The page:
But she also didn’t apologize for being a tough boss. It happens that I had the good fortune to have a very professional mother — the first woman to graduate with a degree in physics from Carnegie Tech (now Carnegie-Mellon) and then for decades a management consultant. SHE was also a very tough boss. She yelled at people sometimes. She nitpicked EVERY mistake. She also has legions of people older and younger than I am who acknowledge that she bruised them every now and then, but feel definitely that they are better for it. They learned. They loved her.
She was my first boss too (I kept the books for her business when I was in high school, among other things) and she taught me so much that I never really had to have any others. I’ve had lots of clients but I never had to have a boss. I learned how to run my own business. From my demanding Mom.
Not only is Klobuchar almost obviously the most electable Democrat, she is just about perfect on the issues. My own opinion is that two stand out as the most important: climate change and Russian interference in our civic affairs. And she hit both of those hard and clearly in her Maddow interview as well as in her Snow Speech.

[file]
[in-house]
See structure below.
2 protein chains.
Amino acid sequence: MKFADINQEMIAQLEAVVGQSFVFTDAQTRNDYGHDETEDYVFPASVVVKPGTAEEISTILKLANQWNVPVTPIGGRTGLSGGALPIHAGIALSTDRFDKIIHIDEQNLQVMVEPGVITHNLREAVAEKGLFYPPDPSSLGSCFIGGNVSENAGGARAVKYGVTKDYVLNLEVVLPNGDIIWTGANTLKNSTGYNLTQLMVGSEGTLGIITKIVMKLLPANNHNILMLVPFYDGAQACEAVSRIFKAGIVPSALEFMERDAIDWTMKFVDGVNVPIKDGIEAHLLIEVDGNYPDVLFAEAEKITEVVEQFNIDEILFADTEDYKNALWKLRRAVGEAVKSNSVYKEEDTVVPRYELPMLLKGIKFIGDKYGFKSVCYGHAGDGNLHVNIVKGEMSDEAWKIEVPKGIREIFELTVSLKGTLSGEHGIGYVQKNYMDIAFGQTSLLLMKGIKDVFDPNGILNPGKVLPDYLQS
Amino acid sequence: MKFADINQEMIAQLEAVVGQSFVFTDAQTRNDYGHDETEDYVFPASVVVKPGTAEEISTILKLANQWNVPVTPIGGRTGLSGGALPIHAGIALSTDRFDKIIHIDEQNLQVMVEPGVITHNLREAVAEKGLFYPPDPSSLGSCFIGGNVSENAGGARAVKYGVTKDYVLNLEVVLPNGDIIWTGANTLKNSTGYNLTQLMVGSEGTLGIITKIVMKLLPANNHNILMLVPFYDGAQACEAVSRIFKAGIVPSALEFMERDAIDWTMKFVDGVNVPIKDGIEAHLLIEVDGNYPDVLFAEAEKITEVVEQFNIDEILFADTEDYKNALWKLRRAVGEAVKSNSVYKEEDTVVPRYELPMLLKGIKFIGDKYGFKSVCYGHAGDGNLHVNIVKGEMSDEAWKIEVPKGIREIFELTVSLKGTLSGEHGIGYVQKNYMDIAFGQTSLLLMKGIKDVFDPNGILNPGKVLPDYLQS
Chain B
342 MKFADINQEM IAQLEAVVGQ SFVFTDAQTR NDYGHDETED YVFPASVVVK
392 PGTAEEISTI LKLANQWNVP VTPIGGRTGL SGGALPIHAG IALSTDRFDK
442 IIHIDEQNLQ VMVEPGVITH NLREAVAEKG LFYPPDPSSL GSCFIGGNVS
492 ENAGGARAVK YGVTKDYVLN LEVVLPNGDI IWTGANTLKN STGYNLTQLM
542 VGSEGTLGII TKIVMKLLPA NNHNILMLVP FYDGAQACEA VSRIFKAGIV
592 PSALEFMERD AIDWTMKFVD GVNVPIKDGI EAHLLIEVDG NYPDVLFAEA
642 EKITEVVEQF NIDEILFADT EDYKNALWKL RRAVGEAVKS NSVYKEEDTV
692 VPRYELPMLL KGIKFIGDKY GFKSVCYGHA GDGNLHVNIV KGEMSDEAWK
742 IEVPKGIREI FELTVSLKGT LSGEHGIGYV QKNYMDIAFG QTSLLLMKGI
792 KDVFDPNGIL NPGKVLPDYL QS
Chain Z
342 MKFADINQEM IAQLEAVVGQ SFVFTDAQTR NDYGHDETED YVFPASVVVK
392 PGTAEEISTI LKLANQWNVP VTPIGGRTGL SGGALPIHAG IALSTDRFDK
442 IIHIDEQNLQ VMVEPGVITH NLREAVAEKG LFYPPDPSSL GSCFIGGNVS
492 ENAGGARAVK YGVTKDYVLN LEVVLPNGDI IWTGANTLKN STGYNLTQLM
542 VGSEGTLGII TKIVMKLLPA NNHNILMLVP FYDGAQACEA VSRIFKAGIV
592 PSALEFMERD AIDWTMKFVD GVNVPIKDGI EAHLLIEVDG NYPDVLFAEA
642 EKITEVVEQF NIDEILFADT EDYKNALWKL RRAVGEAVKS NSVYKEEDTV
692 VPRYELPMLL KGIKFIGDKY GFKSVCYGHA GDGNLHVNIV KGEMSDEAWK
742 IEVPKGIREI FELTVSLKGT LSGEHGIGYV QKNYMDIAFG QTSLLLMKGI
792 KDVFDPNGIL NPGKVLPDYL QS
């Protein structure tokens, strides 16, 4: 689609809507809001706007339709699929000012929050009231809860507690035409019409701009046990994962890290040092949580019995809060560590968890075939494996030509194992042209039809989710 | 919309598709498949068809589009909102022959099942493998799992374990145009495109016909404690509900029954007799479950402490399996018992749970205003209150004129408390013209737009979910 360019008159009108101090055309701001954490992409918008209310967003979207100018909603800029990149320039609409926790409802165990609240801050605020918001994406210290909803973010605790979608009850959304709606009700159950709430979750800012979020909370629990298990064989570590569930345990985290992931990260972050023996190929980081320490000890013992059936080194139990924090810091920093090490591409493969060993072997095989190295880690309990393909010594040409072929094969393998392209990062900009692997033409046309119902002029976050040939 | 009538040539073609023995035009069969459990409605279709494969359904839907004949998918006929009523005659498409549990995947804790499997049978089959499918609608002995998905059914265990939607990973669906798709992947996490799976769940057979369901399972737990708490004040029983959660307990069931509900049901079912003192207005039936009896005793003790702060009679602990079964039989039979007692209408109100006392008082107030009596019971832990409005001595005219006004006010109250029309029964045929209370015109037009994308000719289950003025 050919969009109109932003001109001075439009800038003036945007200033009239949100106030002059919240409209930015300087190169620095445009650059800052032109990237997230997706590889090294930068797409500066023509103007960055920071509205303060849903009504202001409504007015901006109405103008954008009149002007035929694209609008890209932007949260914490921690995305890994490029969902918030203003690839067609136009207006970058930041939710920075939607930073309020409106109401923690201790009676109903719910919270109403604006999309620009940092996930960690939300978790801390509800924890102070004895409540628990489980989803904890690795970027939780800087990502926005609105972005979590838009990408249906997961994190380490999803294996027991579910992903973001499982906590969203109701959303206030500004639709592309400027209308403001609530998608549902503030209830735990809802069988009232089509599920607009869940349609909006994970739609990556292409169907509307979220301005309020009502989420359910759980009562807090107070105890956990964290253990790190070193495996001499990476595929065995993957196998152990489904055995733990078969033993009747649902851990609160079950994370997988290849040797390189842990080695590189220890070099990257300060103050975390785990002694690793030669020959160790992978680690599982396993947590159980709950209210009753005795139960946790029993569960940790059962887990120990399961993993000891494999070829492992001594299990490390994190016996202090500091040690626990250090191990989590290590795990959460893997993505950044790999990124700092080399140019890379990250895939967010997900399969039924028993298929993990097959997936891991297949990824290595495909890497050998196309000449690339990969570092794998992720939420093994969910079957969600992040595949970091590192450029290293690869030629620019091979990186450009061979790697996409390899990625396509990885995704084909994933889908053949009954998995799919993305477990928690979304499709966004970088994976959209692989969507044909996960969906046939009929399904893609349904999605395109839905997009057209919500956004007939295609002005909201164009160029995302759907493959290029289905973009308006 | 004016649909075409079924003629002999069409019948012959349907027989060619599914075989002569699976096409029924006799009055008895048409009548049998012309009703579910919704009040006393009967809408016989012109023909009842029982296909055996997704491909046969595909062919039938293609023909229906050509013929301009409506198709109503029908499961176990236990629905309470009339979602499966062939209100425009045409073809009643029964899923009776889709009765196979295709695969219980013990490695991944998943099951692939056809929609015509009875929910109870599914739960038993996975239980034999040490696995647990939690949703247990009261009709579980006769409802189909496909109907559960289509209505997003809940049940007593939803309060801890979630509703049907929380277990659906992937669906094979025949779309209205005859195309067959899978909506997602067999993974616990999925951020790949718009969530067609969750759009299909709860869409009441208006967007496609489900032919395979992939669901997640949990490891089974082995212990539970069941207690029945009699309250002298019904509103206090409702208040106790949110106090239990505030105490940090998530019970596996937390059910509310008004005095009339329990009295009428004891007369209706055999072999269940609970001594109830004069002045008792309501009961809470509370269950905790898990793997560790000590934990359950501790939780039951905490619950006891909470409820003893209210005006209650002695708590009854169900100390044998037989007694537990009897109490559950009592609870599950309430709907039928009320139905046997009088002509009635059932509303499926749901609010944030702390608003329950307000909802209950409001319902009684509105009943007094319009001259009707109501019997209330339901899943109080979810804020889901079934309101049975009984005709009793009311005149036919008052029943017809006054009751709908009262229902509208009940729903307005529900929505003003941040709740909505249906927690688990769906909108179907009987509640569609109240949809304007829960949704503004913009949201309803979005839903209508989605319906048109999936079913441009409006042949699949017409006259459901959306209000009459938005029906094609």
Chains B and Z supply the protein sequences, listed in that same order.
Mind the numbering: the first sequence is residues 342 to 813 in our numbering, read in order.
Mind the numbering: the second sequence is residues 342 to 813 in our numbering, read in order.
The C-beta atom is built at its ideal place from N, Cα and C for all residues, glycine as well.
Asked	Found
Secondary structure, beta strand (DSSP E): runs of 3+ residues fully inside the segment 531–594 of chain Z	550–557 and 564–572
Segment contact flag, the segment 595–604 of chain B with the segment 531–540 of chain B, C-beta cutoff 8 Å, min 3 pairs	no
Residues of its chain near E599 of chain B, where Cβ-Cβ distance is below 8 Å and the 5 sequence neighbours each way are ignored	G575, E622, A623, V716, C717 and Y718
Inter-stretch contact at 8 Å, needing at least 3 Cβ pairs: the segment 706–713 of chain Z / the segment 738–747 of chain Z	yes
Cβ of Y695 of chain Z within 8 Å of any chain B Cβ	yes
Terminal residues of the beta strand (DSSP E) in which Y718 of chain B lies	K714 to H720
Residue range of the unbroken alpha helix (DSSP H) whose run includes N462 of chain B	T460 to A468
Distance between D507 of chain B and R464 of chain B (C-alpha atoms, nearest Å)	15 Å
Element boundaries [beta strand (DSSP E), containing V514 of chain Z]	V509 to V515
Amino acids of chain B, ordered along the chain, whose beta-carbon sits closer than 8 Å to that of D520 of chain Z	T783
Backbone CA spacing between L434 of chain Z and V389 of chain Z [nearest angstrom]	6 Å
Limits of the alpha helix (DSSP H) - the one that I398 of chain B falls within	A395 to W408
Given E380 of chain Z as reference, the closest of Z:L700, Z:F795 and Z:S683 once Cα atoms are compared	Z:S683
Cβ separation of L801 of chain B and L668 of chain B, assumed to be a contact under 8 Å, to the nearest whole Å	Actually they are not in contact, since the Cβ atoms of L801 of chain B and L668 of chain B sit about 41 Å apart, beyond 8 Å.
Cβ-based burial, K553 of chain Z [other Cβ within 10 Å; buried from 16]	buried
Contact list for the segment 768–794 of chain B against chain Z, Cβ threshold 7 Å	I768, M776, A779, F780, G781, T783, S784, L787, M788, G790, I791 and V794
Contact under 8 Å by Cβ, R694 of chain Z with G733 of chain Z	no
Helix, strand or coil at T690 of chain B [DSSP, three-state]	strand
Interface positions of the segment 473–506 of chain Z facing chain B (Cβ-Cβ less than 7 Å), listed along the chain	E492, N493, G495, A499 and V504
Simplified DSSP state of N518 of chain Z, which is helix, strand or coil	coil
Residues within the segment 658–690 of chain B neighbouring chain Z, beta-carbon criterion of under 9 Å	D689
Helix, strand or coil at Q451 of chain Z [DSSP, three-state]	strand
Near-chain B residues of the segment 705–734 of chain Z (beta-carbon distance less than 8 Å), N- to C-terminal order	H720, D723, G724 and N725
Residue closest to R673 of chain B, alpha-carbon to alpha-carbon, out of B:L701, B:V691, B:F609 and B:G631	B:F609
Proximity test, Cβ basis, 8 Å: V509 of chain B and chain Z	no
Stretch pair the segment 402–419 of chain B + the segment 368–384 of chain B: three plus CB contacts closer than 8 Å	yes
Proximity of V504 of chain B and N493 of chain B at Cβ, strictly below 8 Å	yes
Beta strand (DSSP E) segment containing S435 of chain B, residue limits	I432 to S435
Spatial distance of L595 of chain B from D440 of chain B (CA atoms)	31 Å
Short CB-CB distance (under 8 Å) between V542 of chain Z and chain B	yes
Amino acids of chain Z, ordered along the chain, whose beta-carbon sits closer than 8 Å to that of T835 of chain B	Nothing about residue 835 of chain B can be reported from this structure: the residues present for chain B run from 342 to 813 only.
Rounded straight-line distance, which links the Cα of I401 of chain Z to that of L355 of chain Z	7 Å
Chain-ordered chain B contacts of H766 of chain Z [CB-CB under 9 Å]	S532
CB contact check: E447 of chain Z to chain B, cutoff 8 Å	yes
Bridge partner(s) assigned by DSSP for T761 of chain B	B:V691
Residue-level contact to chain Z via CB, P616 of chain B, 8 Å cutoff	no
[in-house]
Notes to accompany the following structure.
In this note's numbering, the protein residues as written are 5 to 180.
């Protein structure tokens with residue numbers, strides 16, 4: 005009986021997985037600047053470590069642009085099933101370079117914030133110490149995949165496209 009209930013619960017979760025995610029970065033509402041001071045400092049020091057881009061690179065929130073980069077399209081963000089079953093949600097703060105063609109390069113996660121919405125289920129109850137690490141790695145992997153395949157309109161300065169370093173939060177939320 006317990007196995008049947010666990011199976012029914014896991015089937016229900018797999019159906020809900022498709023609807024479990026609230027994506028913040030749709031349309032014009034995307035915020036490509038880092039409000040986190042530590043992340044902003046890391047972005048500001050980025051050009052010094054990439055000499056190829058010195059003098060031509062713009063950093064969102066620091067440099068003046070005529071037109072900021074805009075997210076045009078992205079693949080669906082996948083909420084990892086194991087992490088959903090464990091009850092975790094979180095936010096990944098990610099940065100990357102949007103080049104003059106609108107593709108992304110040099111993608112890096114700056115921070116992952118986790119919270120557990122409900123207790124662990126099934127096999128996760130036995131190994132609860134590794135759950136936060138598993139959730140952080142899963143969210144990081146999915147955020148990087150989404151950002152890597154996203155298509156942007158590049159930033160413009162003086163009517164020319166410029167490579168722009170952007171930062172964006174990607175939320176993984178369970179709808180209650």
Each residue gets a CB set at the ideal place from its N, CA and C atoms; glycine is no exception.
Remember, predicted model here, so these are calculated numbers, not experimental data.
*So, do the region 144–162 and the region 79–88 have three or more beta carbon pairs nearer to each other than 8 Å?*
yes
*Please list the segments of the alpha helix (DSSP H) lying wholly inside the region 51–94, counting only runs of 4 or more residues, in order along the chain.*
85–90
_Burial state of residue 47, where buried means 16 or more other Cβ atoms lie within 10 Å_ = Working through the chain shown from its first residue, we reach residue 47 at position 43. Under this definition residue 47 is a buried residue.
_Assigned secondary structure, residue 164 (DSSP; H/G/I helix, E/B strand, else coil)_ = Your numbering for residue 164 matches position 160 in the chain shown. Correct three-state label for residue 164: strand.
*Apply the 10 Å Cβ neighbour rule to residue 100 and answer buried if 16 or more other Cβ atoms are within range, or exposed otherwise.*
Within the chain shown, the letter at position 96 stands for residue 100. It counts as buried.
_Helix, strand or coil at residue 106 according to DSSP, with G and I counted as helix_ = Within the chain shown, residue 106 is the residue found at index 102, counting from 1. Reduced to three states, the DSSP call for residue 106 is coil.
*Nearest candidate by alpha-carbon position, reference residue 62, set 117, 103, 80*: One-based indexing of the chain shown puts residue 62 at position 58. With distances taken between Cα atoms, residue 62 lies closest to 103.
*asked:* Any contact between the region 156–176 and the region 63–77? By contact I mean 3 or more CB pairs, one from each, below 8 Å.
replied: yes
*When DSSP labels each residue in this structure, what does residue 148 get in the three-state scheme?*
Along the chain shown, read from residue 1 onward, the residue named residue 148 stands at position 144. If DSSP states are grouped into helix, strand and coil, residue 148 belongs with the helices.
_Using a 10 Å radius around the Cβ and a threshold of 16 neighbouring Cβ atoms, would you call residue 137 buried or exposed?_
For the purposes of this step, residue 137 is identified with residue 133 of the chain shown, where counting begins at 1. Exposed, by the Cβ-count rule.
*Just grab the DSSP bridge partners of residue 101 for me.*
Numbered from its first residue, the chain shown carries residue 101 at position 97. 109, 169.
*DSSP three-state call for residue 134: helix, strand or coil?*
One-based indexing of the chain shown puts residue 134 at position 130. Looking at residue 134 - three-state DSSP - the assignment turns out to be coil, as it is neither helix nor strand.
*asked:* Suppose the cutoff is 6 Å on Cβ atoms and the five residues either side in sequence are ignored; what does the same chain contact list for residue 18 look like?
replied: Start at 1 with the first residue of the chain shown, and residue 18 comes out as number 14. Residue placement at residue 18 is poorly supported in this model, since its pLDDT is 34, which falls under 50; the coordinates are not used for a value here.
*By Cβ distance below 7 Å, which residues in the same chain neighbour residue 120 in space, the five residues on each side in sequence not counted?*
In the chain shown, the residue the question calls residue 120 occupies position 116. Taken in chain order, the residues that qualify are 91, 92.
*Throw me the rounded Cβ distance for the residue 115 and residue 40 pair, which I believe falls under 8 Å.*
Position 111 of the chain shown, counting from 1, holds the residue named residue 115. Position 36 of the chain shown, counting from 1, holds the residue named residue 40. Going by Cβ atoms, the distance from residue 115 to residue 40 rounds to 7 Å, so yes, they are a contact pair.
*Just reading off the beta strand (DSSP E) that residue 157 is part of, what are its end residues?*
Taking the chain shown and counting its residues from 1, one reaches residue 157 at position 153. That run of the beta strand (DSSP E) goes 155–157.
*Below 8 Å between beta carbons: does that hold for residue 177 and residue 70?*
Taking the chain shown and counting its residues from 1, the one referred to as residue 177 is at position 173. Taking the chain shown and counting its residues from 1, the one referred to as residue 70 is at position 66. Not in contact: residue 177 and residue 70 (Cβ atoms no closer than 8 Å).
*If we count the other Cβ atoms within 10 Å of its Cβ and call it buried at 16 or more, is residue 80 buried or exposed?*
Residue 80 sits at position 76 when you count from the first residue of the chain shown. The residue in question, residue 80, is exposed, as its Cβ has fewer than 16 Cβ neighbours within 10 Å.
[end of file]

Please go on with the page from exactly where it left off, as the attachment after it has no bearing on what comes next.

Amy Klobuchar is just about irresistible. As the country gets to know her, as they are doing now — starting with her announcement — she is going to just pile up support.
It looks to me like she’ll be the frontrunner by March of 2020 and the acknowledged nominee long before the convention. I only knew this sooner than most because I got to meet her briefly and see her in action sooner than most. It’s obvious.
Klobuchar for President in 2020!
I normally try to resist publishing self-referential posts but in this case there was really no choice. If you want to know more about me and evaluate my credibility, you can find tons of material about my “digital change in publishing” life on my website, see this about my new book coming out, and explore other Medium pieces I’ve written about climate change.